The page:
Contempt of court application for police

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IOL  richard mdluli Independent Newspapers Former crime intelligence boss Richard Mdluli. File picture: Phill Magakoe

Johannesburg - Solidarity wants a contempt of court order against the police for failing to correctly redeploy a whistleblower demoted by ex-crime intelligence boss Richard Mdluli.

“The labour court will hear the application on the 17th of October,” Solidarity's head of fair labour practice Dirk Groenewald said.

Mdluli demoted Colonel Kobus Roos from his position as head of internal audit, to the inspectorate and evaluation division of the unit.

This was after he had exposed corruption in the crime intelligence unit, according to Solidarity, which successfully fought his redeployment in court.

Groenewald said the police did not abide by the court order and that was why it had lodged an application for an order of contempt of court.

The respondents were the police commissioner General Riah Phiyega, the police minister and the SA Police Service.

The union was waiting to see if the police opposed the application.

In April, the Labour Court in Johannesburg ordered the police to redeploy Roos to a similar position in the crime intelligence unit after he was transferred.

Groenewald said Roos was redeployed to the SAPS head office, while there were colonel positions open in crime intelligence.

“The police commissioner said he should be placed at head office. He is still a colonel, but he is doing the work he did 10 years ago.”

Judge Robert Lagrange ruled in April that: “The respondents 1/8the SAPS 3/8 are obliged to give preference to Roos in any application for appointment or promotion in a post reasonably acceptable to him...”

However, Phiyega insisted the police had done nothing wrong.

Her spokesman Lt-Gen Solomon Makgale said the application would be opposed.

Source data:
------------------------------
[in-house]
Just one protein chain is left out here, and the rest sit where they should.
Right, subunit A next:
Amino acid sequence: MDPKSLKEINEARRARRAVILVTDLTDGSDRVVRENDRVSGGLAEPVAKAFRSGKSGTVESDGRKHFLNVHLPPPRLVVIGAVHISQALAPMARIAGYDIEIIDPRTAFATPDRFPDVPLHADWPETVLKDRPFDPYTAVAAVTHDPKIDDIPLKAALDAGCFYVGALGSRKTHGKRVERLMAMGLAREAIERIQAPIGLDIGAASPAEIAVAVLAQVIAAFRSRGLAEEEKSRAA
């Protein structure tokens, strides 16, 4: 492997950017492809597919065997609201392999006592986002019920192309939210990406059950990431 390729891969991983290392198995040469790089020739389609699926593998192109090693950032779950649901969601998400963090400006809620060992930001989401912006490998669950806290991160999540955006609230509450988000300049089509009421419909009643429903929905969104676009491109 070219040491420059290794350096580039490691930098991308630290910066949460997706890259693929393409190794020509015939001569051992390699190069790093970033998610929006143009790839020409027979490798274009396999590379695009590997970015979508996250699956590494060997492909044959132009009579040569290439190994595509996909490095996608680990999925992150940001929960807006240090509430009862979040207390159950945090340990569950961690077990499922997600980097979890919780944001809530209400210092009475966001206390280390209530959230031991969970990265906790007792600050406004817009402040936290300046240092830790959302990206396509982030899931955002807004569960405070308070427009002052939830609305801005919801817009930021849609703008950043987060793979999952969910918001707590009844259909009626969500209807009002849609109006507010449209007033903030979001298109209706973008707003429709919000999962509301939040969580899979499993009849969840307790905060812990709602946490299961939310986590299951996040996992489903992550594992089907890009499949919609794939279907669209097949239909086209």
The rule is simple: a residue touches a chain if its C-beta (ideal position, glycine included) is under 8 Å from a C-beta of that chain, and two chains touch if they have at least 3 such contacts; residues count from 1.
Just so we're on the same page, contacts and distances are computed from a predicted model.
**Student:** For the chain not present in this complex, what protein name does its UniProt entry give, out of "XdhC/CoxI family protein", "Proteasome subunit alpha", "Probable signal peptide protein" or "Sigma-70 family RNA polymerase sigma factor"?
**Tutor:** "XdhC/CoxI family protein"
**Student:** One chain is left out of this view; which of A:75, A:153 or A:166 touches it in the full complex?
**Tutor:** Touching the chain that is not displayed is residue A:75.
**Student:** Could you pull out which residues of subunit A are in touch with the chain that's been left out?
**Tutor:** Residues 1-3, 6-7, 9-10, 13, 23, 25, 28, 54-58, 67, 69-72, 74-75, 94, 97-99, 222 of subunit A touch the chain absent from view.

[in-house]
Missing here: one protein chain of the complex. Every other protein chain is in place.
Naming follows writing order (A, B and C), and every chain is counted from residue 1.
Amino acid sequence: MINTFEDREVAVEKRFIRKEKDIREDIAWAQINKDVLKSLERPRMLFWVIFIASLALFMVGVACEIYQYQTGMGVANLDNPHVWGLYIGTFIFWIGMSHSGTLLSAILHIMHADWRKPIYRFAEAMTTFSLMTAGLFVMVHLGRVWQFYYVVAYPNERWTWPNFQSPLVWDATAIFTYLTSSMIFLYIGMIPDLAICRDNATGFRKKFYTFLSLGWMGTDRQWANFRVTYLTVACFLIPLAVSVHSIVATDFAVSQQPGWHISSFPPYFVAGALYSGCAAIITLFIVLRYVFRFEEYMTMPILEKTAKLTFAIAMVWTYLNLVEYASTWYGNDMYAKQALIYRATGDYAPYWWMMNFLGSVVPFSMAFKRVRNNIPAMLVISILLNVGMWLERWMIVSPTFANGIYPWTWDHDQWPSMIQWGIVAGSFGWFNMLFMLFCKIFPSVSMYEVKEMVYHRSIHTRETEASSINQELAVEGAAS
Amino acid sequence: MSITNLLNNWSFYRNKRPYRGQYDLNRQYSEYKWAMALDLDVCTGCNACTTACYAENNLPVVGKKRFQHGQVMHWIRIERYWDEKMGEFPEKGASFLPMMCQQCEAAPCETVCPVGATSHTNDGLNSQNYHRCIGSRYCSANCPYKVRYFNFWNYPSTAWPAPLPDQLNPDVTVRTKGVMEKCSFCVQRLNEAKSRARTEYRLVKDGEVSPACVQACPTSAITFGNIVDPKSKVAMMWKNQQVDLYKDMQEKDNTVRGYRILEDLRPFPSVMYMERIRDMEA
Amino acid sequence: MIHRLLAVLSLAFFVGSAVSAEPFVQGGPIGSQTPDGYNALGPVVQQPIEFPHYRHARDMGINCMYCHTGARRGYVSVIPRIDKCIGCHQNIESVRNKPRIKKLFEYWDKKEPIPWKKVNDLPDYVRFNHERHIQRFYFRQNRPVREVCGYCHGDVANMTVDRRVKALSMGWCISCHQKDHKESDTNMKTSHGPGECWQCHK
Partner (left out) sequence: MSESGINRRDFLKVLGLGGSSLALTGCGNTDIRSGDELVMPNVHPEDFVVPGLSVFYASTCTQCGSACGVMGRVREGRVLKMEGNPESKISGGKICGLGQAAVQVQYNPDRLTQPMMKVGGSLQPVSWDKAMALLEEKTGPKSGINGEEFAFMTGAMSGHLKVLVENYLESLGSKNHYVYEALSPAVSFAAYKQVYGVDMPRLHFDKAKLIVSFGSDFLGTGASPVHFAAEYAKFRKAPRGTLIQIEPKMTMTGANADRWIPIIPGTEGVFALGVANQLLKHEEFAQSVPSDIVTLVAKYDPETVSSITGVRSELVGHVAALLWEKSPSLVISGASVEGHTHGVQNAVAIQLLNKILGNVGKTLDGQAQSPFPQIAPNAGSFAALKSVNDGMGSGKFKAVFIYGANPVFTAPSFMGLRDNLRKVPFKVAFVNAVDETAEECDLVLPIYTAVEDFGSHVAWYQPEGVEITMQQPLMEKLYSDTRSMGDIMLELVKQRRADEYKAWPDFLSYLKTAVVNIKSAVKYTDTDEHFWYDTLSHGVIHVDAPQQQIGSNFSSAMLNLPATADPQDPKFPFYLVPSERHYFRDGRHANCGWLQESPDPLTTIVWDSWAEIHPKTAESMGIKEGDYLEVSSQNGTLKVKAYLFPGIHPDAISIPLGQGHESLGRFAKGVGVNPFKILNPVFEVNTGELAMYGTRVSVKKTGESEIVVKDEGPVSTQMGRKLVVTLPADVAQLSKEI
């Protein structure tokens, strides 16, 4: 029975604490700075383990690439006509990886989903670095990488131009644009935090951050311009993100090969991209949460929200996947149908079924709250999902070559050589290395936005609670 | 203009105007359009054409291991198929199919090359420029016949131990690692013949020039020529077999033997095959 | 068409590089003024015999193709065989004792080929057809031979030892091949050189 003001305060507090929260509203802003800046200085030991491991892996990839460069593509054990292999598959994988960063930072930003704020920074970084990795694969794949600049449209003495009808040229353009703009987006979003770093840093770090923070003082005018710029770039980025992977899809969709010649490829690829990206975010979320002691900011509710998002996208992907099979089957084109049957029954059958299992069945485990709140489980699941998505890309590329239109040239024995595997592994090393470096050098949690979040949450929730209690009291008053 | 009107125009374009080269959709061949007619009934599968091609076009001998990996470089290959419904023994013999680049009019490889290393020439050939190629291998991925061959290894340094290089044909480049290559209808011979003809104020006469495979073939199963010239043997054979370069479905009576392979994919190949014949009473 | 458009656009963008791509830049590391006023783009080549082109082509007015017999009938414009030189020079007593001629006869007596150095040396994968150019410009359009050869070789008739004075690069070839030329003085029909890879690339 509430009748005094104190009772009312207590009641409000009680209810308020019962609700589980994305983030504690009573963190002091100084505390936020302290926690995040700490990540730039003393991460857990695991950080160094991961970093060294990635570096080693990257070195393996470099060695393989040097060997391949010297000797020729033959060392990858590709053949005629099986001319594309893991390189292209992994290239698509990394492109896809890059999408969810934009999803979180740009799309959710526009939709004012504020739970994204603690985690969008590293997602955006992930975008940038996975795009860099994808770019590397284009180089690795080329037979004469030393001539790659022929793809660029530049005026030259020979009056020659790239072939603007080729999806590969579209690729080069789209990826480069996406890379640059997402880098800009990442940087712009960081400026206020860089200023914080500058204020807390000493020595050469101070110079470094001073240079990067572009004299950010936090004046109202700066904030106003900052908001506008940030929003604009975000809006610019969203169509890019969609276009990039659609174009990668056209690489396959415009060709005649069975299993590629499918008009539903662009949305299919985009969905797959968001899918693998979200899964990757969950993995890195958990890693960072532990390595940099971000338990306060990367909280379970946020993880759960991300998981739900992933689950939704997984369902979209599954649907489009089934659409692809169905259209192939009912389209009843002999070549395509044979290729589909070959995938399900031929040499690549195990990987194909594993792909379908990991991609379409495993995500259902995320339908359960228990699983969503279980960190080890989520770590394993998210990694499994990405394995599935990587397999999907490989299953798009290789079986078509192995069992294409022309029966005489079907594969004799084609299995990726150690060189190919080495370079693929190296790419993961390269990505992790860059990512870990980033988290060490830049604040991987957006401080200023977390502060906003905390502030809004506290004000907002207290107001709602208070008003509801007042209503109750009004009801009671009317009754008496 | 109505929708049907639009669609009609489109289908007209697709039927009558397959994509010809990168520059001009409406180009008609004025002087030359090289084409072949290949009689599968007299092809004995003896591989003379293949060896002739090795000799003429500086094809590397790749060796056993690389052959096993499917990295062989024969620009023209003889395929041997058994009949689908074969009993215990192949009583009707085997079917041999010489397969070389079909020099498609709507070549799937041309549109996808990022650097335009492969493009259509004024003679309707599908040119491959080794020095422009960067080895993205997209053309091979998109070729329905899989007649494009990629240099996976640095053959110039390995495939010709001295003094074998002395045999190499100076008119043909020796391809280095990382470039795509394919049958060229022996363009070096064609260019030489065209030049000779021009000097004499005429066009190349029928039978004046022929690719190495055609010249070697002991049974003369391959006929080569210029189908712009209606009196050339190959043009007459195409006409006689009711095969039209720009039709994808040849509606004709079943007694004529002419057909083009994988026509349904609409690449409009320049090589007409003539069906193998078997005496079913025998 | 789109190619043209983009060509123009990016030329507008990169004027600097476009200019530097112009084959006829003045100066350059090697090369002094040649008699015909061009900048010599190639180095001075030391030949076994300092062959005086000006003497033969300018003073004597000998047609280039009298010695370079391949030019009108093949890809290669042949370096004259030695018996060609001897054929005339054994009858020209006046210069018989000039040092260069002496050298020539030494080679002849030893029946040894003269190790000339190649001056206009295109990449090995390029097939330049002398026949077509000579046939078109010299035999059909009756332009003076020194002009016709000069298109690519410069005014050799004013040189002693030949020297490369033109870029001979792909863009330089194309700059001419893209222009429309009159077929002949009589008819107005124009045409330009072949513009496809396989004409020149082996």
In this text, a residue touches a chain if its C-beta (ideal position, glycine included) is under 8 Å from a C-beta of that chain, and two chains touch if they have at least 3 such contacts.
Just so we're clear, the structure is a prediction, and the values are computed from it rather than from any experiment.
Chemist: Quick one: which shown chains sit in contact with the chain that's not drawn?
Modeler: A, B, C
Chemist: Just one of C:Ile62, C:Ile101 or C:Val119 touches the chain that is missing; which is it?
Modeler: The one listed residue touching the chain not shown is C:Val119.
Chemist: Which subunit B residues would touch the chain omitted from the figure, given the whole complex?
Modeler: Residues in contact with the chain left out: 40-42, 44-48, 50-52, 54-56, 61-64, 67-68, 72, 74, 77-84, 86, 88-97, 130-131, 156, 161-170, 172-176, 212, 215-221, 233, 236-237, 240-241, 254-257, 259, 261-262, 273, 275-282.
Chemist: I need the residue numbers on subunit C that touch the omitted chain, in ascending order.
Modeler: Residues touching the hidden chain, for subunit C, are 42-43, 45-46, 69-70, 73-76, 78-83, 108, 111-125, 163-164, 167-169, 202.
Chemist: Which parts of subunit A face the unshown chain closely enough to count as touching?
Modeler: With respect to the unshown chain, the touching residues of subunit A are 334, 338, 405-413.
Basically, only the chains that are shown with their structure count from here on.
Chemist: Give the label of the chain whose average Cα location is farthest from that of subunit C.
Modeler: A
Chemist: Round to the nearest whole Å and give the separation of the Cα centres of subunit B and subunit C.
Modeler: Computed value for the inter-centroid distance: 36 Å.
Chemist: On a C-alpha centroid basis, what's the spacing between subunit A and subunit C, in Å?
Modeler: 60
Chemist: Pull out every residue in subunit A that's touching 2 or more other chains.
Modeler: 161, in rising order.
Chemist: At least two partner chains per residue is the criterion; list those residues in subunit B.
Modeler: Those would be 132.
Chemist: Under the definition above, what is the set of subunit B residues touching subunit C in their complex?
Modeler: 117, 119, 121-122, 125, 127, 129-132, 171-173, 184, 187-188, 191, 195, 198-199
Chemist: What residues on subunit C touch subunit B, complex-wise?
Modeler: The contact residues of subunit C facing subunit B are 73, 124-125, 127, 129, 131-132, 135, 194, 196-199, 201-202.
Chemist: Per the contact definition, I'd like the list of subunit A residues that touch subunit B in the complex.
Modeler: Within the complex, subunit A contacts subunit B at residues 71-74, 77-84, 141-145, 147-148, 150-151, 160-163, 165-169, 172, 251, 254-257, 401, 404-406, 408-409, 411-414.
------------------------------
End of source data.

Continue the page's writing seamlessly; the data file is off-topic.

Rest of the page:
“We have not received notification yet (of the application), but our view is that we have complied with the court order.”

He referred to the judgment, which said Roos should be redeployed in the internal audit section of crime intelligence, or failing that in an internal audit unit of the SAPS.

“That is what we have done. Col. Roos has been placed within internal audit at head office,” said Makgale.

The initial case was heard by the labour court in February.

Lagrange also ruled that “the respondents must pay Roos compensation under s194 (4) of the LRA ([Labour Relations Act) in the amount of R156 250... within 14 days of the date of this judgment”.

Solidarity previously said the SAPS conceded before the court that it had acted unfairly against Roos and that he was entitled to be placed in a position similar to the one he had previously occupied.

It said Roos was transferred to another position by Mdluli after Roos uncovered alleged corruption in the unit.

According to the union, Mdluli had appointed Roos to investigate an account.

Roos uncovered “wide-ranging” alleged corruption in the unit, and had disclosed allegations and proof of corruption in a protected disclosure.

Mdluli then stopped the investigation and subsequently transferred Roos to the inspectorate and evaluation division of the unit, which the union said was redundant.


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